Self-loathing is a horrible thing, was for me, made me think nothing of lashing out in ways I can never agree with when I look at them as my full informed self.  I see other people doing this kind of thing and it is heartbreaking so I try to be understanding but it is not always easy but I have to try since I was such a punk.

If you are reading this, any of you to whom I have done this sort of thing, and I have not yet apologized to you, please know that I am very sorry about it, and I hope you now know how much I regret not having been able to treat you better then.  As a kid I was troubled and looking back I think unkind and sometimes even ghastly, and now I am happy and probably still sort of annoying, but I do work hard at being decent.

In the nineties, when it was all the rage, I was able to take advantage of the fad and do a lot of drilling in “I Language,” which helped a lot with this part of the pronoun problem.  But I began to notice it in other people with autism.  Even in simple declaratives, such as Pat telling me I wanted a hot dog.  Of course I did not want a hot dog, as I am vegetarian, but it was easy and natural for me to understand his language and realize that he was not trying to prognosticate about my state of hunger in any way.

Still there are pronoun problems receptively that have not been drilled out, and I do not know how to drill them out, and I will talk about them here now because people who know me well have encountered this, but not everyone will have done.  Also, it occurs to me, this might be a problem for others, and if so, it might be a problem for schoolchildren and thus have bearing on say reading comprehension tests.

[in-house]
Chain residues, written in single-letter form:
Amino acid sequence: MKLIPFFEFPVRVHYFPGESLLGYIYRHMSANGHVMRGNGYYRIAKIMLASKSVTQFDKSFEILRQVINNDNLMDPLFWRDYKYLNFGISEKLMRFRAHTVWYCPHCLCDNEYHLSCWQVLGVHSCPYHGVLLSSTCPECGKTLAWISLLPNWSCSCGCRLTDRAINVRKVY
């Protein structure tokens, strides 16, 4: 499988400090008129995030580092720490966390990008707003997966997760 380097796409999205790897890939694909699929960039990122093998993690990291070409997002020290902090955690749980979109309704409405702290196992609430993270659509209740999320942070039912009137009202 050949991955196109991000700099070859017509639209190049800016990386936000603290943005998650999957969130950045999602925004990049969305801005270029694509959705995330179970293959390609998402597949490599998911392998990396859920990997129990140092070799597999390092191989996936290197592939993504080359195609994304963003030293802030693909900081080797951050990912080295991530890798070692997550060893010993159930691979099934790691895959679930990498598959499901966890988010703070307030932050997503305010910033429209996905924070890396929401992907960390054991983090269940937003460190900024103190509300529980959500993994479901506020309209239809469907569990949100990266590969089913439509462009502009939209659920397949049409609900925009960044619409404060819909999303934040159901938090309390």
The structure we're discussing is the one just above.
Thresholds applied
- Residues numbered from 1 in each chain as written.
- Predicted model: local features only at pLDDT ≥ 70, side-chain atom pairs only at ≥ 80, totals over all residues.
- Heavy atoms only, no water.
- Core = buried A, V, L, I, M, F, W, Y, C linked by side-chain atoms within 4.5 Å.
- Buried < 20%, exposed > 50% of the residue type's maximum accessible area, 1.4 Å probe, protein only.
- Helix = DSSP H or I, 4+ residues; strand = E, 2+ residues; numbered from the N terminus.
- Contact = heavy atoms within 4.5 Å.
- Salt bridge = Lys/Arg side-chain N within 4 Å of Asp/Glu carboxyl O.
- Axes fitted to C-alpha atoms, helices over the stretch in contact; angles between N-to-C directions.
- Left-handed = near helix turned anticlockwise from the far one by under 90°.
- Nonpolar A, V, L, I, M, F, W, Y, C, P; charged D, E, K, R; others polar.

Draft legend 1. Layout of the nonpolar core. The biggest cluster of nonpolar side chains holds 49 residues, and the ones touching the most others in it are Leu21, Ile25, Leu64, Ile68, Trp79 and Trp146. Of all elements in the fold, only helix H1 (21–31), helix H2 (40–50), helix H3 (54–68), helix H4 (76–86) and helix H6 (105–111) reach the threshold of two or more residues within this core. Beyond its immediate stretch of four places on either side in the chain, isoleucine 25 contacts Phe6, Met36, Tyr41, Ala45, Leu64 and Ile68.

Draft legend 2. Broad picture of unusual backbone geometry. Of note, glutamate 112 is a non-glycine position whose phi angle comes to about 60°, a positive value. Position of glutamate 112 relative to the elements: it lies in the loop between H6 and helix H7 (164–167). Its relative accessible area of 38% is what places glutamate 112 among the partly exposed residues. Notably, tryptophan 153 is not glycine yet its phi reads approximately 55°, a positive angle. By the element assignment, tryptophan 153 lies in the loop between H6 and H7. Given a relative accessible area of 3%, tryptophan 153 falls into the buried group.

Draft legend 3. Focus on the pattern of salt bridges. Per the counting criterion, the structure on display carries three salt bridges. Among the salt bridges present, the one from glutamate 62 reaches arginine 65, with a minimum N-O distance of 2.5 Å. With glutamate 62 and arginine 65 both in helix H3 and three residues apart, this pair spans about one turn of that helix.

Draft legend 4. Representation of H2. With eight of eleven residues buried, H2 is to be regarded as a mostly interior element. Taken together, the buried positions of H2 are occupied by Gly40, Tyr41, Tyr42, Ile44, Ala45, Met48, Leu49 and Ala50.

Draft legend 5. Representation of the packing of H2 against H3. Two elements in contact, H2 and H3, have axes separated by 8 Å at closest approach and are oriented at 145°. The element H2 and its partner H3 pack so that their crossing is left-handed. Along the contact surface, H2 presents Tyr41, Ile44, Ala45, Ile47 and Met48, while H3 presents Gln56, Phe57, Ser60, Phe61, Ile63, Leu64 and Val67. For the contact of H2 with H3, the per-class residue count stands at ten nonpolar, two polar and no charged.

When my friends tell me a story with other people in the story, if there are more than two characters, I may get lost in the pronouns.  The proverbial he-said/she-said story is often literally the best I can follow, and if there’s another he or she in the mix, I might stop you and say, hang on, will you tell me this again using everyone’s name and no pronouns?  This might happen even if the story is simple and obvious.  I do not know why.  It may not help if I know all the people.  It sometimes doesn’t even help if the sentences start with the correct person’s name!  I still can get mixed up, and keep stopping your story with confused questions about like, wait-wait, so Jeannie was driving the semi? Hehe no silly, Jeannie is three years old.  Pronouns are not my friend.

There is a bright side to this.  I will use this platform to talk about the bright side because it can also bring awareness of a thing that is intersectional and not everyone may know about.  Grin.